From Lilongwe, we first drove north on the M1 towards Kasungu, then cut across east on the M18 to get to the lake. The vegetation had become very tropical, with many banana trees and tall grass. The eastbound leg led us through the Nkhotokota Game Reserve, a beautiful stretch of tropical forest with elephant and buffalo. Unfortunately, because of the high grass, we didn‘t spot any, only signs that they had been there. We saw many baboons on the way and these cute animals are fun to watch – as long as they stay outside of the car! The baboons here were very shy compared to what we had experienced in Livingstone, and ran away as we approached, to hide in the grass beside the road.
From Nkhotokota we continued up the M5 along the Lake Malawi coast towards Nkhata Bay. Along the road, we enjoyed beautiful views of the lake, which from a distance looked like the sea. The lake is almost half the size of Bavaria. There are a dozen or more campsites along the Lake Malawi shoreline around Nkhata Bay and we had a difficult time deciding which one to try. We were looking at reviews in an app called iOutlander, that a Swiss couple from Zug had recommended to us when we met them at Mama Rula campsite in Chipata. Some of the reviews dated back several years, so you couldn’t be certain what to expect, but somehow we decided for a campsite called Sunga Moyo down at the lakeshore. We took the exit off the M5 about 30 to 40 km before Nkhata and followed the narrow path through thick tropical forest down to the lake. When we arrived at the campsite we were struck by the beauty of the place. It could have been the scenery of a lonely tropical island from a Robinson Crusoe movie. We parked the car around 100m from the lakeshore and before we set up the tent went for a swim. The freshwater was clear and warm.
We had a variation to our BBQ & beer dinner routine and cooked meatballs in tomato sauce with fettuccine. Had beer with it, of course. Unfortunately we couldn‘t go online that evening as our data volume on our new Malawi SIM card was used up and I somehow failed trying to top it up.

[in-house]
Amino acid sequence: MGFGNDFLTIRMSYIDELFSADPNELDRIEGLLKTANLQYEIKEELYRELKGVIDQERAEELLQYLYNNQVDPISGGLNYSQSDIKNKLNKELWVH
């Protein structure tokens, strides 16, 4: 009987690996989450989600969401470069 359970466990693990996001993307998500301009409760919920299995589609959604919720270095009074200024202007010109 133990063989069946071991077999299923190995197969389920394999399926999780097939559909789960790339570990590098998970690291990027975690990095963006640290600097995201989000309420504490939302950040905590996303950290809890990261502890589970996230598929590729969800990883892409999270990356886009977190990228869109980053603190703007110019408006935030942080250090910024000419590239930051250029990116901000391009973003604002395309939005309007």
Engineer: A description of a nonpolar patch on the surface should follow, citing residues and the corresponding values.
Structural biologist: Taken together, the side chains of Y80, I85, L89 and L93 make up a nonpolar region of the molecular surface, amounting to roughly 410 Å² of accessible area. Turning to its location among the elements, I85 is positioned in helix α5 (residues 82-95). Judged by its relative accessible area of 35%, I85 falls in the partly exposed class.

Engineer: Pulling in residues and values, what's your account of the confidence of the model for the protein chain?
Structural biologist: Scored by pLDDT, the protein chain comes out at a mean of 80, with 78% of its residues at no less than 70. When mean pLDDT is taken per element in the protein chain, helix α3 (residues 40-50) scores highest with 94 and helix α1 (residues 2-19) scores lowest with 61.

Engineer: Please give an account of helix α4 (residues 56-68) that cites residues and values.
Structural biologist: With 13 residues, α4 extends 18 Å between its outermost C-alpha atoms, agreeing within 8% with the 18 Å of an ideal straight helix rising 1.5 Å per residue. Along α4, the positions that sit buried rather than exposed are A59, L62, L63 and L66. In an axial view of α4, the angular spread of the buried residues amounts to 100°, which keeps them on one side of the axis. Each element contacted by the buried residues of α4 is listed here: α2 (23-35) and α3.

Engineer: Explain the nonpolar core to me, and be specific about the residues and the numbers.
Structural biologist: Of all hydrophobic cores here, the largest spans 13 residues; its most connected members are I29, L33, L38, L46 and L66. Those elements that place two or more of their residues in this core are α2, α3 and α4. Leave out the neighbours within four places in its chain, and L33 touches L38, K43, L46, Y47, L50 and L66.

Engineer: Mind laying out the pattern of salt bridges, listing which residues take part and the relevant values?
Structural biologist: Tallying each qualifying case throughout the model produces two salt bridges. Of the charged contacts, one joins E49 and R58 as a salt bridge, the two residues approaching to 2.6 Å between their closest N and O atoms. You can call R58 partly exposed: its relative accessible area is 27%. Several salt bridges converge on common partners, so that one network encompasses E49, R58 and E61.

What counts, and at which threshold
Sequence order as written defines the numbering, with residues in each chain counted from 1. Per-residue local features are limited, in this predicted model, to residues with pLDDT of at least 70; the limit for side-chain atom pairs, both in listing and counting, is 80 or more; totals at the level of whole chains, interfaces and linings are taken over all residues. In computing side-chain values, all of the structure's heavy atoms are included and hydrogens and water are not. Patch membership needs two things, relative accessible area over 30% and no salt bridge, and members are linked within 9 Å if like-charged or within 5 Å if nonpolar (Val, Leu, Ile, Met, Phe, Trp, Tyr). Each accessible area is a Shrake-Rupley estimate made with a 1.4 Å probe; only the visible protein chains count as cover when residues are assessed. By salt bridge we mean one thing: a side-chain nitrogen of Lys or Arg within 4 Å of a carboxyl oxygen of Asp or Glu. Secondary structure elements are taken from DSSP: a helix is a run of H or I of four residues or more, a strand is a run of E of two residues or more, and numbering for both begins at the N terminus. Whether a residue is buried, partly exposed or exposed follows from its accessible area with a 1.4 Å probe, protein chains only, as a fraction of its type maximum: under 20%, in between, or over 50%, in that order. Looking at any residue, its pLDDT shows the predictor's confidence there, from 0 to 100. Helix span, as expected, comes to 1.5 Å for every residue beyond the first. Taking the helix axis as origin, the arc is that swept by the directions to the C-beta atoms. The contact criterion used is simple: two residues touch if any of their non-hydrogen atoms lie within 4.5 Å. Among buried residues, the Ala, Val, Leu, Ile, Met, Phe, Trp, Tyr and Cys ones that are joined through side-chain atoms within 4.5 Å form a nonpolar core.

We sat outside long that night. With only a few lights on the campsite and from fishermen on the lake around us, and the moon not yet up, it got very dark, and we enjoyed being able to see the stars exceptionally well. Later the clouds closed in, and at night it even got a little bit stormy. This is probably attributable to cyclone Kenneth, which hit Mozambique only a few weeks after the prior cyclone and was expected to bring up to 1000 mm of rain in places. that is a ton of water, literally, per square meter! Luckily so far we have not been affected by this weather, but will continue to watch it. It seems as if in the meantime the cyclone has calmed down a lot.
We woke up after a good night’s sleep to the sun rising over the lake and went to have breakfast on the terrace of the campsite. The owner Stella, a lady from Germany who had lived in South Africa for 17 years before coming to Malawi told us about how she bought the then run-down place and how she and her husband manage it today. We have met many remarkable people on this trip, and often their story is that they have traveled the world for years and then somewhere found „their place“, that they then over the years with a lot of passion turn into these very special gems. Truly impressive.
When she brought us our bacon & eggs however, she had to apologize for not having eggs. There had been a box of eggs in the fridge but it turned out to be empty. The staff must have taken the eggs and put the empty box back in the fridge. Well, there is challenges everywhere, even in this paradise.
When talking about what to do or where to go today, Mark’s advice was: „Today is Sunday. We should rest“. Said and done. Mark is a wise man. His latest hairdo – or lack thereof – visually underscores that point. But it wouldn‘t be Mark if he wasn‘t busy even while resting. So he has now established a desk in what is arguably the nicest office in the world and is busy with Excel spreadsheets.
In the meantime I went to have a look at the local fishermen‘s boats. The canoes are carved from a single piece of wood. We saw the fishermen go out in them in the morning to check on their nets. They skillfully rode the high waves, first with the legs wrapped around the outside of the canoe, then as they had passed the waves and the water was calmer they climbed inside the canoe.
I went to see Alex at the beach, who introduced himself as an artist from the village. Earlier in the morning he approached us very unobtrusively, saying that whenever we were done relaxing he kindly wanted to invite us to have a look at his work. I bought four paintings from him for 10 USD each. I think this is a lot of money for him. We chatted for quite a while about life in his village, kids, school, houses while he skillfully crafted a roll out of bamboo for me to transport the canvases.
Tomorrow we will continue our journey up north.